Jim Grandone Jun. 5, 2015, 10:36am


Does your business development strategy consist of random lunches and occasional golf outings?  Is your advertising and PR limited to the Yellow Pages and event sponsorship ads?  With changes in the way law is practiced washing over the legal community like a tsunami, we hope not.

Findings in a survey of American Lawyer (AM Law) top 200 law firms (ranked by profits) show expected growth and a reliance on specialization in marketing their firms. Both surveys were conducted in the first quarter of 2015.

Meanwhile, the 2015 Altman Weil Law Firms in Transition Survey shows confidence in the future.

Two-thirds of U.S. law firms with 50 or more lawyers report year-on-year (YOY) increases in gross revenue, revenue per lawyer and profits per equity partner in 2014.
In addition:


  • Almost three-quarters of the firms surveyed expect gross revenue to increase in 2015,

  • One-third say demand for legal services has already returned to pre-recession levels, and

  • 41% of firm leaders expect demand to return in the next few years.


Most firms believe that wave of change in the law profession is increasing.  72% in the Altman Weil survey say that growth will continue.

Anticipation of that growth and demand is resulting in structural changes in mid-size firm’s marketing staff and strategy.
We think the strategic changes in marketing will result in increased specialization in that area, including many firms creating the role of chief marketing officer (CMO) and using outside talent to help with business development, as well as media and public relations.

“Midsized firms are expanding their marketing and business development teams and CMOs are starting to make strategic talent investments.  It’s all about moving firms forward with the tools and strategies their clients  also utilize, so those roles are becoming more specialized,” said Jennifer Johnson Scalzi, of J. Johnson Executive Search, Inc.

These two studies show that opportunities in the future are abundant and that a good marketing effort can make the difference between solid growth of your firm or loss to another firm or new kinds of competition.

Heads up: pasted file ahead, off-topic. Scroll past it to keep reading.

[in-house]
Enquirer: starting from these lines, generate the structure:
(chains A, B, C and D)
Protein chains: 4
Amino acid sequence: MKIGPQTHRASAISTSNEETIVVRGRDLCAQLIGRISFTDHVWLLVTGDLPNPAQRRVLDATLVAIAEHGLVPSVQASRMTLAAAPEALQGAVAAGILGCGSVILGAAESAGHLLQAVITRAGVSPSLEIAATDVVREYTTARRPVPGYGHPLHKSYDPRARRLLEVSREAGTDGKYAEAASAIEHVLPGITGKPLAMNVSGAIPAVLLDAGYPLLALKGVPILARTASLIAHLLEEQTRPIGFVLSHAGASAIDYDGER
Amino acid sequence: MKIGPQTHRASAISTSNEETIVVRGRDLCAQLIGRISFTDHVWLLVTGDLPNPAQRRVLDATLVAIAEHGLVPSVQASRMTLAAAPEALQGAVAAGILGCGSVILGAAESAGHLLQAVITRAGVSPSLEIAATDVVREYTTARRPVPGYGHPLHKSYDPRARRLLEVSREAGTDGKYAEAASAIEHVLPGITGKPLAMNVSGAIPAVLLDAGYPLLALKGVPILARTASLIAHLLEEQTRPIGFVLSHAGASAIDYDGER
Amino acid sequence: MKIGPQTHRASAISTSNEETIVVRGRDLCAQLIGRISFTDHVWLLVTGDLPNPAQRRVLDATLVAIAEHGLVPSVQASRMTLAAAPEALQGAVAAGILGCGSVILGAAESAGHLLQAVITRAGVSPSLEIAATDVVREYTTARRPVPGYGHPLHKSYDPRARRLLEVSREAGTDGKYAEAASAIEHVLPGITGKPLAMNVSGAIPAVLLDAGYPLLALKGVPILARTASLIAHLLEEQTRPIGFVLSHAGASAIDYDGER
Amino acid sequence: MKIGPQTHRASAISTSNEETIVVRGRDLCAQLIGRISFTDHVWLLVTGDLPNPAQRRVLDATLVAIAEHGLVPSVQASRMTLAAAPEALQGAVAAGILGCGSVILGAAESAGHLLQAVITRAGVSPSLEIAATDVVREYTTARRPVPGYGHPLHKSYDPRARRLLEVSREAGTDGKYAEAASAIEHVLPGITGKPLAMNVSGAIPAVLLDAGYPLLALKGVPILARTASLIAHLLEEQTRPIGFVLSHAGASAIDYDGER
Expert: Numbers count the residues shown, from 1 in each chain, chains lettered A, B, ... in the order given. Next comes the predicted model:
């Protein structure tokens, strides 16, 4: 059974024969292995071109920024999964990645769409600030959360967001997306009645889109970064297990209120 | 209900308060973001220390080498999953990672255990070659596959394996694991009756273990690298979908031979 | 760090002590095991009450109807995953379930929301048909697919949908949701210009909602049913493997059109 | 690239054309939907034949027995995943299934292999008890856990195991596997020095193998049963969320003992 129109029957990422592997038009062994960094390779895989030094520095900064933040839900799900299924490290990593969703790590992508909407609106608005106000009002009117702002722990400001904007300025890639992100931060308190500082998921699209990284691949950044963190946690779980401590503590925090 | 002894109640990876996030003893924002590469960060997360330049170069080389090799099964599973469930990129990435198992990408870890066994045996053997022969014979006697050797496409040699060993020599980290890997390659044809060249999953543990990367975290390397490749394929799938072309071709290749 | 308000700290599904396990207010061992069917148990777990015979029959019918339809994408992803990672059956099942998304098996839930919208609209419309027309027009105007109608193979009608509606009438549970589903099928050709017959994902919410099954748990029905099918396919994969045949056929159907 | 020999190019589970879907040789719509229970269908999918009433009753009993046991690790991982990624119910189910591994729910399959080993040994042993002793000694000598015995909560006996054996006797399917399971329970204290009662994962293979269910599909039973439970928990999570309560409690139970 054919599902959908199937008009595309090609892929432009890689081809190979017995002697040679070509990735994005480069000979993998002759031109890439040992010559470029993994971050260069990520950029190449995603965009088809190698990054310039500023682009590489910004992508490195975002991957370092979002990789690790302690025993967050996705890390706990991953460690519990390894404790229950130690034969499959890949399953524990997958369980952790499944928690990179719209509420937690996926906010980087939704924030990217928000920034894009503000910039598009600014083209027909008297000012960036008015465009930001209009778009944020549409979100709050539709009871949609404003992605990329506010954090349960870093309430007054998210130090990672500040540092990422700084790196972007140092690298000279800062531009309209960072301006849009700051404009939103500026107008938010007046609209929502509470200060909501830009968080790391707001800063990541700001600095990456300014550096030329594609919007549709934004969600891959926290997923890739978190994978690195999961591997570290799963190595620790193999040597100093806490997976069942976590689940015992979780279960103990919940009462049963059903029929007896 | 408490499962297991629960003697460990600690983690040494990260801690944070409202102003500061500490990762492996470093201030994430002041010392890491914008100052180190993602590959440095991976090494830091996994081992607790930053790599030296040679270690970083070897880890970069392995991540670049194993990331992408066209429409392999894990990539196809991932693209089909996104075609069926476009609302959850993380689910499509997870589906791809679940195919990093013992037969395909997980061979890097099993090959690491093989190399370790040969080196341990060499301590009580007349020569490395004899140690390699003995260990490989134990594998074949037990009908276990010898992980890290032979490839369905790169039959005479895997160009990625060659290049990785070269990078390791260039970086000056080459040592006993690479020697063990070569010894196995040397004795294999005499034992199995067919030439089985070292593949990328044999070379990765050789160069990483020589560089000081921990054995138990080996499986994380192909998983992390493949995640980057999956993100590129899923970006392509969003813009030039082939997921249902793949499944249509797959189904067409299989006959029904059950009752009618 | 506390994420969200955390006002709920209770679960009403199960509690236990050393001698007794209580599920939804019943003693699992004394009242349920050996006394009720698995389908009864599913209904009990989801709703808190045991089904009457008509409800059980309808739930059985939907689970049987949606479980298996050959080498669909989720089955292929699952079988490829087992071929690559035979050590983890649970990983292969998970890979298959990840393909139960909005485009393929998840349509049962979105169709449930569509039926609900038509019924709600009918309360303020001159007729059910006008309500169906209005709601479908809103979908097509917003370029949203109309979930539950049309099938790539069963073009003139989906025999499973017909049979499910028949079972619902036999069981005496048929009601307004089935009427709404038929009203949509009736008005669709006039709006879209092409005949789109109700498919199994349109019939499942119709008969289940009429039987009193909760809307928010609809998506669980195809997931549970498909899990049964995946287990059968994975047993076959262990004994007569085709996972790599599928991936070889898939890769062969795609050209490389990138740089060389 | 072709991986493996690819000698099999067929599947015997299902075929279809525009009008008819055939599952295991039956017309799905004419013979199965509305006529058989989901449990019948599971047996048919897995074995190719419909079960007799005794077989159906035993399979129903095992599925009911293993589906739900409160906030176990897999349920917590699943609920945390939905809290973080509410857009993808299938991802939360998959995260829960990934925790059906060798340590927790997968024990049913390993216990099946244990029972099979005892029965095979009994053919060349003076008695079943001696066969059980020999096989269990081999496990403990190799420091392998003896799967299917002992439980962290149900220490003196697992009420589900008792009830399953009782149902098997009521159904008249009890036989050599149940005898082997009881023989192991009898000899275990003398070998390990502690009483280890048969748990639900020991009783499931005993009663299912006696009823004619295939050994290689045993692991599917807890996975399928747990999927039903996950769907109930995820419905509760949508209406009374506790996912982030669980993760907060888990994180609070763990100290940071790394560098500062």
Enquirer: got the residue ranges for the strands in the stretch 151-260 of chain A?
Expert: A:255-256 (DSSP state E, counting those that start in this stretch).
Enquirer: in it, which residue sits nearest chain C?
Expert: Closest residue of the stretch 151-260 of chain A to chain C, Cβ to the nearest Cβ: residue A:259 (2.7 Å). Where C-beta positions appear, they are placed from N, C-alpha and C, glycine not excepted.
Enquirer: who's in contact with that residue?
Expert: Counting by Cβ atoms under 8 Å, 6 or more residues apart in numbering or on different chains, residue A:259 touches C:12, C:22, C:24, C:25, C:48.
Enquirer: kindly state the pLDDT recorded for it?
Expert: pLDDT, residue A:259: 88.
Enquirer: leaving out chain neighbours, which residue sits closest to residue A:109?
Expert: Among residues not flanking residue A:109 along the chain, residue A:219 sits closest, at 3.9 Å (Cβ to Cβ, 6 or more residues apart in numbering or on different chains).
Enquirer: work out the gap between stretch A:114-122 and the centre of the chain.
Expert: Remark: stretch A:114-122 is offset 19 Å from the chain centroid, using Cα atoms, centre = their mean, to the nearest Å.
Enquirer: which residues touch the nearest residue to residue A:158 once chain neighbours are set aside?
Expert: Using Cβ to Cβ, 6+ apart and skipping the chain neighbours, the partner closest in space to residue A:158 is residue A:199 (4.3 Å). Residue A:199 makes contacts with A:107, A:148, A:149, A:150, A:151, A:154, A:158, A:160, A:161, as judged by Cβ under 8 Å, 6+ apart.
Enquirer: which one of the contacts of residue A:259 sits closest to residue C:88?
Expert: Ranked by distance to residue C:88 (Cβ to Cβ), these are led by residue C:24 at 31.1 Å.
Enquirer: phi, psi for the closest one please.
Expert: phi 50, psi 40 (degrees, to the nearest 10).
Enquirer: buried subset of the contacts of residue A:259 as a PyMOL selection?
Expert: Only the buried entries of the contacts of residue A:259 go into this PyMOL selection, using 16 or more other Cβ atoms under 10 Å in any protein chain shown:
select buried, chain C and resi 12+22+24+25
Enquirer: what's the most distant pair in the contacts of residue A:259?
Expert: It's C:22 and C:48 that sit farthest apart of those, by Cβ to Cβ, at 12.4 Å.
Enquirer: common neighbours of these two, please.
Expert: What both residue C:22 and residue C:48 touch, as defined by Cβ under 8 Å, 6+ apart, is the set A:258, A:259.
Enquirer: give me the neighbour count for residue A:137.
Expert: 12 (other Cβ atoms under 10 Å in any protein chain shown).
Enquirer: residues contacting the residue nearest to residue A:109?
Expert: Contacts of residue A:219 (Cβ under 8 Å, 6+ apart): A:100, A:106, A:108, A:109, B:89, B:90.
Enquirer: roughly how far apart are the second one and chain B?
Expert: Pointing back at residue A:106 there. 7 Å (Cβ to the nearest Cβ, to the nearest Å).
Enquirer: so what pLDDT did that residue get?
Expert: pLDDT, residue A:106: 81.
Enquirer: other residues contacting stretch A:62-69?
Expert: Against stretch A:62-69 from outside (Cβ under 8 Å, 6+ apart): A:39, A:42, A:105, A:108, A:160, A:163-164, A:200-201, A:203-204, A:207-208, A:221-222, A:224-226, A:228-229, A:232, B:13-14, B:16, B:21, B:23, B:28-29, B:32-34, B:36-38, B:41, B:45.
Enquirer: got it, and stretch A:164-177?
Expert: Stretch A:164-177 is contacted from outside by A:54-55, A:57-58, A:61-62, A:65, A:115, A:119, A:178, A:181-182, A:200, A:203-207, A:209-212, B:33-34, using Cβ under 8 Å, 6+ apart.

The Altman Weil survey noted that 83% of firm leaders believe competition is coming from “non-traditional service providers and is a permanent change in the legal market.  Many firms see competition coming from inside counsel bringing services in house, client technology solutions and accounting firms.  For example, in 2013, Ernst & Young’s legal arm, EY Law, hired more than 250 lawyers; a 30 percent increase to bring its total number of lawyers to 1,100, according to the Center for Study of the Legal Profession at Georgetown University Law School and Thomson Reuters Peer Monitor 2015 study: Report on the State of the Legal Market.

In addition, both the J. Johnson and Altman Weil surveys show that change is coming and law firms should be preparing for it now.

“Leaders today face a great challenge when it comes to getting team members to accept change and to think of new and innovative ideas. Many people tend to judge the benefits of new ideas based upon one of their own past experiences, even if that experience is not entirely relevant. They are quick to say “We tried that before” or “that will never work,” before they really fully understand the new idea or process proposed. Their biases and assumptions limit their capacity for creative and innovative thinking until they can unlearn old ideas,” according to the Law Firms in Transition Survey.

“Marketing and Business Development professionals have reached the C-suite at two-thirds of the respondents to the J. Johnson survey and, the head of that company noted that the marketing provides client services as well.

“But at the end of the day, marketing departments are engaged in client service just as their lawyers are.  And client satisfaction is paramount,” said CEO J. Johnson Scalzi.

For example, at Grandone Media Strategies, we have gotten very positive feedback about the “value added” we have provided to law-firm clients.  Most clients realize that adding a “public” point of view, in addition to lawyers’ “legal” point of view, completes the circle when law firm clients are deciding a course of action that has an impact on a community, or will have high profile coverage in the media.

In a profession where tradition and precedent are considered sacred, it is a serious challenge to face the kind of change that is predicted for law firms in the immediate present and future.  Business development strategies and marketing activity need to focus on both client retention and growth.  This may be perceived as putting a strain on resources.

According to an AM Law 200 Survey, marketing decision makers are managing, on average, a budget equal to approximately 2% of the firms’ revenue.
AM Law noted in its report that the AM Law 100 spending on marketing is decreasing as a percentage, while mid-size and small firms’ marketing budgets are significantly increasing in double digits in 2015.

According to Bloomberg BNA, “Of all the business disciplines required to survive and grow in a challenging environment, marketing is the most frustrating and difficult for lawyers and the partnerships they inhabit.  Few like it and few do it well.

But that’s the opportunity, isn’t it?”

Jim Grandone is President of Grandone Media Strategies. He can be reached at (618) 692-1892 or at grandone.james@gmail.com

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